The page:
CD23

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FCER2
Protein FCER2 PDB 1t8c.png
Available structures
PDBOrtholog search: PDBe RCSB
Identifiers
AliasesFCER2, BLAST-2, CD23, CD23A, CLEC4J, FCE2, IGEBF, Fc fragment of IgE receptor II
External IDsOMIM: 151445 MGI: 95497 HomoloGene: 1517 GeneCards: FCER2
Gene location (Human)
Chromosome 19 (human)
Chr.Chromosome 19 (human)[1]
Chromosome 19 (human)
Genomic location for FCER2
Genomic location for FCER2
Band19p13.2Start7,688,758 bp[1]
End7,702,146 bp[1]
RNA expression pattern
PBB GE FCER2 206760 s at fs.png

PBB GE FCER2 206759 at fs.png
More reference expression data
Orthologs
SpeciesHumanMouse
Entrez
Ensembl
UniProt
RefSeq (mRNA)

NM_001207019
NM_001220500
NM_002002

RefSeq (protein)

NP_001193948
NP_001207429
NP_001993

Location (UCSC)Chr 19: 7.69 – 7.7 MbChr 8: 3.68 – 3.69 Mb
PubMed search[3][4]
Wikidata
View/Edit HumanView/Edit Mouse

CD23, also known as Fc epsilon RII, or FcεRII, is the "low-affinity" receptor for IgE, an antibody isotype involved in allergy and resistance to parasites, and is important in regulation of IgE levels. Unlike many of the antibody receptors, CD23 is a C-type lectin. It is found on mature B cells, activated macrophages, eosinophils, follicular dendritic cells, and platelets.

There are two forms of CD23: CD23a and CD23b. CD23a is present on follicular B cells, whereas CD23b requires IL-4 to be expressed on T-cells, monocytes, Langerhans cells, eosinophils, and macrophages.[5]

Function[edit]

CD23 is known to have a role of transportation in antibody feedback regulation. Antigens which enter the blood stream can be captured by antigen specific IgE antibodies. The IgE immune complexes that are formed bind to CD23 molecules on B cells, and are transported to the B cell follicles of the spleen. The antigen is then transferred from CD23+ B cells to CD11c+ antigen presenting cells. The CD11c+ cells in turn present the antigen to CD4+ T cells, which can lead to an enhanced antibody response.[6]

Clinical significance[edit]

The allergen responsible in dust mite allergy Der p 1 is known to cleave CD23 from a cells surface. As CD23 is soluble, it can move freely and interact with cells in plasma. Recent studies have shown that increased levels of soluble CD23 cause the recruitment of non-sensitised B-cells in the presentation of antigen peptides to allergen-specific B-cells, therefore increasing the production of allergen specific IgE. IgE, in turn, is known to upregulate the cellular expression of CD23 and Fc epsilon RI (high-affinity IgE receptor).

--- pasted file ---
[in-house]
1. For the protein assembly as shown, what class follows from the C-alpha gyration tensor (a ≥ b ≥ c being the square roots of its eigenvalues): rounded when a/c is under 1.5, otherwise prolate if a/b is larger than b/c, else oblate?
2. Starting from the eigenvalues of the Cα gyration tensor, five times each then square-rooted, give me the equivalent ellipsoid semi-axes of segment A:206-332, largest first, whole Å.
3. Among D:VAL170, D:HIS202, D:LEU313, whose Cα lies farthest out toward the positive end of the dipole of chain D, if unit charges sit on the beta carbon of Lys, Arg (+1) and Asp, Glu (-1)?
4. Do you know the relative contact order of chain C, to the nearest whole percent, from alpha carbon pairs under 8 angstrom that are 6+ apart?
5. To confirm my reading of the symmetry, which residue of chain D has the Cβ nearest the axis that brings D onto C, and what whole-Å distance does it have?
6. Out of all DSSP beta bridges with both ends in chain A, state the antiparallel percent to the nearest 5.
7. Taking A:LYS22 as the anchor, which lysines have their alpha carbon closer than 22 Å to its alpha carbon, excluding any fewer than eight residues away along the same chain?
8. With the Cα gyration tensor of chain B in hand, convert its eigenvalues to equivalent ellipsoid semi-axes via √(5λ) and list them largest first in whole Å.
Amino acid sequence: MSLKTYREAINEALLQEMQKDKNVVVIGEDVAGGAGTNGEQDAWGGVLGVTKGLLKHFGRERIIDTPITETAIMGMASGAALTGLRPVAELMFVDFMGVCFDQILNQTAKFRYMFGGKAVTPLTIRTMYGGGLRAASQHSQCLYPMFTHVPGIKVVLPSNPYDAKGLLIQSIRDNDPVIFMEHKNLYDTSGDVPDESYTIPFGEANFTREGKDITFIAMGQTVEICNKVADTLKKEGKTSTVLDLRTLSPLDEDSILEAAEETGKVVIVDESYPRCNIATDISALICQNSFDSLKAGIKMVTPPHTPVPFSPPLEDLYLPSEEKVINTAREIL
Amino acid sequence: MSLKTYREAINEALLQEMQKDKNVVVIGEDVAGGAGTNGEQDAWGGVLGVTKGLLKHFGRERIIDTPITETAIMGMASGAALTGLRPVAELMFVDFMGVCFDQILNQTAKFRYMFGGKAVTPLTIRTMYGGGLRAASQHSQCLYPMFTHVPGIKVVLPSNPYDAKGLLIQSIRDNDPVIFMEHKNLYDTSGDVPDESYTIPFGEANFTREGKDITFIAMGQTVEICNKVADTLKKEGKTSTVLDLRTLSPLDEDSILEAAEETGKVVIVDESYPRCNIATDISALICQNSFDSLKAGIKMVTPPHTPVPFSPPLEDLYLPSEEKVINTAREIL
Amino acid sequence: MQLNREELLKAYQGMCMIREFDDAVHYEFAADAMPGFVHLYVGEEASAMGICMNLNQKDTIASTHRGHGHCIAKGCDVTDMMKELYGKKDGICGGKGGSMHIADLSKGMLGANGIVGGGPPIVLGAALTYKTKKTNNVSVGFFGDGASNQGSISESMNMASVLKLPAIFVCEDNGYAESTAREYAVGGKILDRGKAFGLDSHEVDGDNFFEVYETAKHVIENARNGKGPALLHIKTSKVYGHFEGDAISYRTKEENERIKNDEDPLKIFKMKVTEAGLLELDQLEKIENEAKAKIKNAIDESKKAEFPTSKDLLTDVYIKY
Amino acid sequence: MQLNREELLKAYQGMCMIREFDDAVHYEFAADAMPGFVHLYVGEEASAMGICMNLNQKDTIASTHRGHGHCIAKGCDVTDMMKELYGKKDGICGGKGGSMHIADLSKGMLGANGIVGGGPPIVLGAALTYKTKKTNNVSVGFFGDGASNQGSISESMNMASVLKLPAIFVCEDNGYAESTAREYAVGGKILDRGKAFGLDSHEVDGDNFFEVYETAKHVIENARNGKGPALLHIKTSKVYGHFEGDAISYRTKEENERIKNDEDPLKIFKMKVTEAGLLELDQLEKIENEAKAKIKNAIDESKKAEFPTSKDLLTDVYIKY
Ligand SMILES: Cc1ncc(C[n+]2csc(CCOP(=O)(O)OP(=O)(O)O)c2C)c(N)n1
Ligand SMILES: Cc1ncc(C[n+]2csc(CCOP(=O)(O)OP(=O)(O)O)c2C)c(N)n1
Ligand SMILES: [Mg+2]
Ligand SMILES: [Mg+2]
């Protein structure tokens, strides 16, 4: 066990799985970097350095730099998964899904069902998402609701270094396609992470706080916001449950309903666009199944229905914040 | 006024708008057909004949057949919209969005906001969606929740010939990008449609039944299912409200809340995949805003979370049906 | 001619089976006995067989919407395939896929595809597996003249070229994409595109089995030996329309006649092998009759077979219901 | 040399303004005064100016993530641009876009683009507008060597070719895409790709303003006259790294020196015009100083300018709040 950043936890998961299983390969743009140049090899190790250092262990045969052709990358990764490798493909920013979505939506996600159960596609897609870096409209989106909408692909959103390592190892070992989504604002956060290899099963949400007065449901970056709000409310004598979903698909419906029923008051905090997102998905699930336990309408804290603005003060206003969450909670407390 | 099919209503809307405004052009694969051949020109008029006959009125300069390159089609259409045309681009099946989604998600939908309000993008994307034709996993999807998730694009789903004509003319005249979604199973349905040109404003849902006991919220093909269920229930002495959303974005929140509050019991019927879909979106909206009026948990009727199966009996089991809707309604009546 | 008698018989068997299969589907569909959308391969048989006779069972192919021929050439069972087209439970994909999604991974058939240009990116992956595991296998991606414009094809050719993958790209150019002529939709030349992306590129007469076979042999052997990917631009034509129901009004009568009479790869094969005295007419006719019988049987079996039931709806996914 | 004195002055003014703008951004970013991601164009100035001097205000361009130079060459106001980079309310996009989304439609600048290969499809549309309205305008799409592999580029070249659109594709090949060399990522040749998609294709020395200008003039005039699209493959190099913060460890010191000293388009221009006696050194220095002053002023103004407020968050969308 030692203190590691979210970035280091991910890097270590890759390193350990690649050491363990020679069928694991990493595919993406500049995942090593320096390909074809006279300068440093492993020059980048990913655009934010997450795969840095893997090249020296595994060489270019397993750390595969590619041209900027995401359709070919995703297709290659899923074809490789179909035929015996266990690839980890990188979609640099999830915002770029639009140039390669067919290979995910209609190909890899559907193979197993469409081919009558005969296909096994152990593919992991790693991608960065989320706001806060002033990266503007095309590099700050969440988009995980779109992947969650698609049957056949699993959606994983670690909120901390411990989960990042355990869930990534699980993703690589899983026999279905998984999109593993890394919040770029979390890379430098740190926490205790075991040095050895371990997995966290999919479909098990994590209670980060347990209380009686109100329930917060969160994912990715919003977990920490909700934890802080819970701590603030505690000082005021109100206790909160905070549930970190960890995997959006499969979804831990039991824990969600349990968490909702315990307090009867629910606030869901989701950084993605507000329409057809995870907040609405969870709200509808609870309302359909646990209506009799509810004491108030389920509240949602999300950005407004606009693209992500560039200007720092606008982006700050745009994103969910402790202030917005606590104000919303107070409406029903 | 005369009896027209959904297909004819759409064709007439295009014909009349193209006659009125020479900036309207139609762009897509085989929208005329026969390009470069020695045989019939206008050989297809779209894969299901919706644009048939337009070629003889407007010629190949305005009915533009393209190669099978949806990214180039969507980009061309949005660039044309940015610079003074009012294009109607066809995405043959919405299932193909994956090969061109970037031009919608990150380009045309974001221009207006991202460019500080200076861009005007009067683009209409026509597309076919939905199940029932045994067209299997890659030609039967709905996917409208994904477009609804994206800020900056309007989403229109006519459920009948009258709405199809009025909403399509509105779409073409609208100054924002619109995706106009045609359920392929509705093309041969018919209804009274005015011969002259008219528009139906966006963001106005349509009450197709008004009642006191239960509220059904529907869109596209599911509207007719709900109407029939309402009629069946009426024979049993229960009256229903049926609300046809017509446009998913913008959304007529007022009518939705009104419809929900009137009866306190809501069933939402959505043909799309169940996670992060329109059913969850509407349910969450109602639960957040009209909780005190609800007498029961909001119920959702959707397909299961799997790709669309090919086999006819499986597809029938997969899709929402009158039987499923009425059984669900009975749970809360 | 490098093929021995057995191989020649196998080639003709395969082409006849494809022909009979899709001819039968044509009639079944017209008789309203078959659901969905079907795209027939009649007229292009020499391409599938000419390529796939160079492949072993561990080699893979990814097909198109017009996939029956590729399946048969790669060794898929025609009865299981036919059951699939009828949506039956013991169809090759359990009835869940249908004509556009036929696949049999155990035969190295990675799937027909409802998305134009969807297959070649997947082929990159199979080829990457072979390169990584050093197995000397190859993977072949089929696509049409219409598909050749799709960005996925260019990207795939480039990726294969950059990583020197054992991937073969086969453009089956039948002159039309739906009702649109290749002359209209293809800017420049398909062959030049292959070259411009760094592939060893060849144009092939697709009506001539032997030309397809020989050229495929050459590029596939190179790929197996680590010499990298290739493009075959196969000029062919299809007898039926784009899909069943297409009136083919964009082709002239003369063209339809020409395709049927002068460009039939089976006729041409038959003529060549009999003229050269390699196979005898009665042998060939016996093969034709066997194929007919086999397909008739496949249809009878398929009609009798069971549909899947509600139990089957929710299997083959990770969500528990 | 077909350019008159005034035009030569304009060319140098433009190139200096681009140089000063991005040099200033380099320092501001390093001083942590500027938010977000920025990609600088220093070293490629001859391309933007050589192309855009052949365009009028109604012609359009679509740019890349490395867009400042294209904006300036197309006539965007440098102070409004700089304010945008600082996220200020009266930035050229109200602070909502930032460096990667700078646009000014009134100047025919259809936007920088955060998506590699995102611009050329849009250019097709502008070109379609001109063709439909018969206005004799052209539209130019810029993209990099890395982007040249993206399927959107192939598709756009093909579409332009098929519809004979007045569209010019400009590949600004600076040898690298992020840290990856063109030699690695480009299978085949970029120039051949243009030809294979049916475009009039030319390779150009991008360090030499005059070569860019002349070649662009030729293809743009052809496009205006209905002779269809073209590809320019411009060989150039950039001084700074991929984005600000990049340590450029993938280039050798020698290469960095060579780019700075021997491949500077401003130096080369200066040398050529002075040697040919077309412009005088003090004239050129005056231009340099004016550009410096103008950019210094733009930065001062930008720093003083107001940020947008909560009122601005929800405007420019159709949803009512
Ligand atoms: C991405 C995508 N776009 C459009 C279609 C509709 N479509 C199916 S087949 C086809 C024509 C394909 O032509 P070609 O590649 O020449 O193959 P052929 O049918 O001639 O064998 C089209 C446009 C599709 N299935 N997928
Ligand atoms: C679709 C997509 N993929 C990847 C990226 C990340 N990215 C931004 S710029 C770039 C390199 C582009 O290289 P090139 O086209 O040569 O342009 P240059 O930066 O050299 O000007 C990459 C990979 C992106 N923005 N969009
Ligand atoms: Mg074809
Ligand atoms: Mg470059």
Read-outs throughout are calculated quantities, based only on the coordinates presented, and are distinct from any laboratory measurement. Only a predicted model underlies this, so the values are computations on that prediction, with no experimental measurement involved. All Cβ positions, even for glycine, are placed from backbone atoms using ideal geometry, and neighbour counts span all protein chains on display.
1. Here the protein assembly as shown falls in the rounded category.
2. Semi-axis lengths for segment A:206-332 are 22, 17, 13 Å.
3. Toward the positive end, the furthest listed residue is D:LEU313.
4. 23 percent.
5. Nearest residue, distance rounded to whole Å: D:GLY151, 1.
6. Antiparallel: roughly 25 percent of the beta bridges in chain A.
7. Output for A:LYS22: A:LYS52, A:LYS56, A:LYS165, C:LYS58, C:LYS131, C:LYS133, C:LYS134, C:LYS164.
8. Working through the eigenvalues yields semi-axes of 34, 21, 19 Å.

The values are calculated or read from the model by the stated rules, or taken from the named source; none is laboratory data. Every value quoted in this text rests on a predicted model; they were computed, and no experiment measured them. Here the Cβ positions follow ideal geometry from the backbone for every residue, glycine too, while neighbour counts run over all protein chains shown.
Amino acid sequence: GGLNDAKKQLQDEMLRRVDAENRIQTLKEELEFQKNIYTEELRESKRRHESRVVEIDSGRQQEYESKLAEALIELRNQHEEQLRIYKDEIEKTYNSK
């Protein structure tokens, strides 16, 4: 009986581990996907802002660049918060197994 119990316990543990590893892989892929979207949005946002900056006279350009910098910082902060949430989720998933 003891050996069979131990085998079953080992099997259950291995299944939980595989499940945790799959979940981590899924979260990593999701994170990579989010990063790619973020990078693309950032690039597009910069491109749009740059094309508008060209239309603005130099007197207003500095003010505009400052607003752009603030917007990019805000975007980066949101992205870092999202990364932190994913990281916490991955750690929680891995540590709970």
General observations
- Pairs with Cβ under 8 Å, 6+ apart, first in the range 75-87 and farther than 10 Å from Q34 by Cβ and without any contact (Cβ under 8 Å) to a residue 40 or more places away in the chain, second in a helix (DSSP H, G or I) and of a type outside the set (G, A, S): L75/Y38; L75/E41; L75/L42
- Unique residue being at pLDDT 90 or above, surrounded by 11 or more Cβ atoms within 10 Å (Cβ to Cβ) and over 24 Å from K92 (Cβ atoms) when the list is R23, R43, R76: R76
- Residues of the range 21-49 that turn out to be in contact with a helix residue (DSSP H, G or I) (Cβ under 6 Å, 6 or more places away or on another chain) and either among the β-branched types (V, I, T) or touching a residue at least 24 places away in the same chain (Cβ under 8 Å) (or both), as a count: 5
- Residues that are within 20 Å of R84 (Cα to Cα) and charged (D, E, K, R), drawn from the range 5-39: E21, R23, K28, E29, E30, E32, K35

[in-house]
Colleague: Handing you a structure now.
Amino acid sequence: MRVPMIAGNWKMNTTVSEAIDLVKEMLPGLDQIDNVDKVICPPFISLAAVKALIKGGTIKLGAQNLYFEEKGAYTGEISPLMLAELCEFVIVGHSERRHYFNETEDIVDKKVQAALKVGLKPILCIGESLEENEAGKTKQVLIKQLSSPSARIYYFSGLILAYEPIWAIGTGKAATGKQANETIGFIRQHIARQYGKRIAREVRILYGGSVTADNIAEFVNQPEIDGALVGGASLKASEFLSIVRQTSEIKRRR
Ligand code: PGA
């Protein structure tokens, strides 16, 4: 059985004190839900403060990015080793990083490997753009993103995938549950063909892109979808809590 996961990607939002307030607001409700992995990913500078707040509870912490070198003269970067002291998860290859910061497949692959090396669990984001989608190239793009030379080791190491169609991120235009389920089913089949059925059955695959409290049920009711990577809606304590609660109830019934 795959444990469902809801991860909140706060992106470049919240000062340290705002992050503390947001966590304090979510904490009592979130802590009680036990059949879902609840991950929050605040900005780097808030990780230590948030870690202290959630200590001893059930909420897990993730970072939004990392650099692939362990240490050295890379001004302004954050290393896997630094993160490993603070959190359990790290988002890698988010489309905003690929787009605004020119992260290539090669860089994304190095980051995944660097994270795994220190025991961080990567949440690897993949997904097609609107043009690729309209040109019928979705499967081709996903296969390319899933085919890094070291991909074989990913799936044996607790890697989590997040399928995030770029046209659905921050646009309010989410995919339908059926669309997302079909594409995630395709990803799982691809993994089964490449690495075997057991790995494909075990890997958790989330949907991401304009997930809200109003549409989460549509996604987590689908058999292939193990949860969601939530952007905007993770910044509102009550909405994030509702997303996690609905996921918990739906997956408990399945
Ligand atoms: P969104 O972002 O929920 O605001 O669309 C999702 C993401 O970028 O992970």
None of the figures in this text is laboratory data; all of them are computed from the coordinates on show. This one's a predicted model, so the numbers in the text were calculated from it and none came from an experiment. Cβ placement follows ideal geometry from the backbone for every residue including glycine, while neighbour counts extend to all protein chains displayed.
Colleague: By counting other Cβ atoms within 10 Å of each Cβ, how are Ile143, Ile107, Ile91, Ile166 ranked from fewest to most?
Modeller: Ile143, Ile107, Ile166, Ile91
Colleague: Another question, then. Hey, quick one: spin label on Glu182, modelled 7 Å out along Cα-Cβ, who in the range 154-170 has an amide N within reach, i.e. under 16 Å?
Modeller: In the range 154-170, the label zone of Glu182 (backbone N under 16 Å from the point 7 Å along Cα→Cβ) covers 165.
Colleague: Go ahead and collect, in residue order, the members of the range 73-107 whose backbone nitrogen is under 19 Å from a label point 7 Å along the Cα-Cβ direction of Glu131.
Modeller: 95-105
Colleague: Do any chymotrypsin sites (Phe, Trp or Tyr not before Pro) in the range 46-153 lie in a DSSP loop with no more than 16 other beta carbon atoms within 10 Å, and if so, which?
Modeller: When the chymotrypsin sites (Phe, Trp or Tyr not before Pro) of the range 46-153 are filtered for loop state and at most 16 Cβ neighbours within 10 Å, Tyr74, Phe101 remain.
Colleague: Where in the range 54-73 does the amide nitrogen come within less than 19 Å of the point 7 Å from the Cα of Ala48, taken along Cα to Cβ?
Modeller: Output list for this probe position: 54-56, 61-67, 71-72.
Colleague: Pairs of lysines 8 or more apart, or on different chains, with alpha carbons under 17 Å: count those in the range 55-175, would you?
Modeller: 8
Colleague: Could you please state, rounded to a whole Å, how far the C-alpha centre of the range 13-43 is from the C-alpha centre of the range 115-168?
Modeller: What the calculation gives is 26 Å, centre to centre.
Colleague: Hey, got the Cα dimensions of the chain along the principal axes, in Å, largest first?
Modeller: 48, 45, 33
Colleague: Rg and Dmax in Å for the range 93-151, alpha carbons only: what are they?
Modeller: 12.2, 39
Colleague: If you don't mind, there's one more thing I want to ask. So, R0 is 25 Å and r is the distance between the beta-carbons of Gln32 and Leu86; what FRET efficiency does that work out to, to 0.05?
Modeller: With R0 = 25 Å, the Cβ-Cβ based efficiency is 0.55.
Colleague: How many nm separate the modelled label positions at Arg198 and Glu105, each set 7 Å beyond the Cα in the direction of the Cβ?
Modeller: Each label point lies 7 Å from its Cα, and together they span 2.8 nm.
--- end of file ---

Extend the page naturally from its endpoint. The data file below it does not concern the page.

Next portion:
In flow cytometry, CD23 is helpful in the differentiation of chronic lymphocytic leukemia (CD23-positive) from mantle cell lymphoma (CD23-negative).[7] CD23 can also be demonstrated in germinal centre B-cells using immunohistochemistry, but it is not present in the resting cells of the surrounding mantle zone. Lymphomas arising from the mantle zone are generally negative for CD23, but most B-cell chronic lymphomocytic leukaemias and low-grade B-cell lymphomas are positive, allowing immunohistochemistry to distinguish these conditions, which otherwise have a similar appearance. Reed–Sternberg cells are usually positive for CD23.[8]

See also[edit]

References[edit]

  1. ^ a b c GRCh38: Ensembl release 89: ENSG00000104921 - Ensembl, May 2017
  2. ^ a b c GRCm38: Ensembl release 89: ENSMUSG00000005540 - Ensembl, May 2017
  3. ^ "Human PubMed Reference:". 
  4. ^ "Mouse PubMed Reference:". 
  5. ^ Lichtman AH, Abbas AK (2003). Cellular and molecular immunology. Philadelphia: Saunders. pp. 324–325. ISBN 0-7216-0008-5. 
  6. ^ Henningsson F, Ding Z, Dahlin JS, Linkevicius M, Carlsson F, Grönvik KO, Hallgren J, Heyman B (2011). Metzger DW, ed. "IgE-mediated enhancement of CD4+ T cell responses in mice requires antigen presentation by CD11c+ cells and not by B cells". PLOS ONE. 6 (7): e21760. doi:10.1371/journal.pone.0021760. PMC 3130775Freely accessible. PMID 21765910. 
  7. ^ Barna G, Reiniger L, Tátrai P, Kopper L, Matolcsy A (Sep 2008). "The cut-off levels of CD23 expression in the differential diagnosis of MCL and CLL". Hematological Oncology. 26 (3): 167–70. doi:10.1002/hon.855. PMID 18381689. 
  8. ^ Cooper K, Leong AS (2003). Manual of diagnostic antibodies for immunohistology. London: Greenwich Medical Media. p. 95. ISBN 1-84110-100-1. 

Further reading[edit]

External links[edit]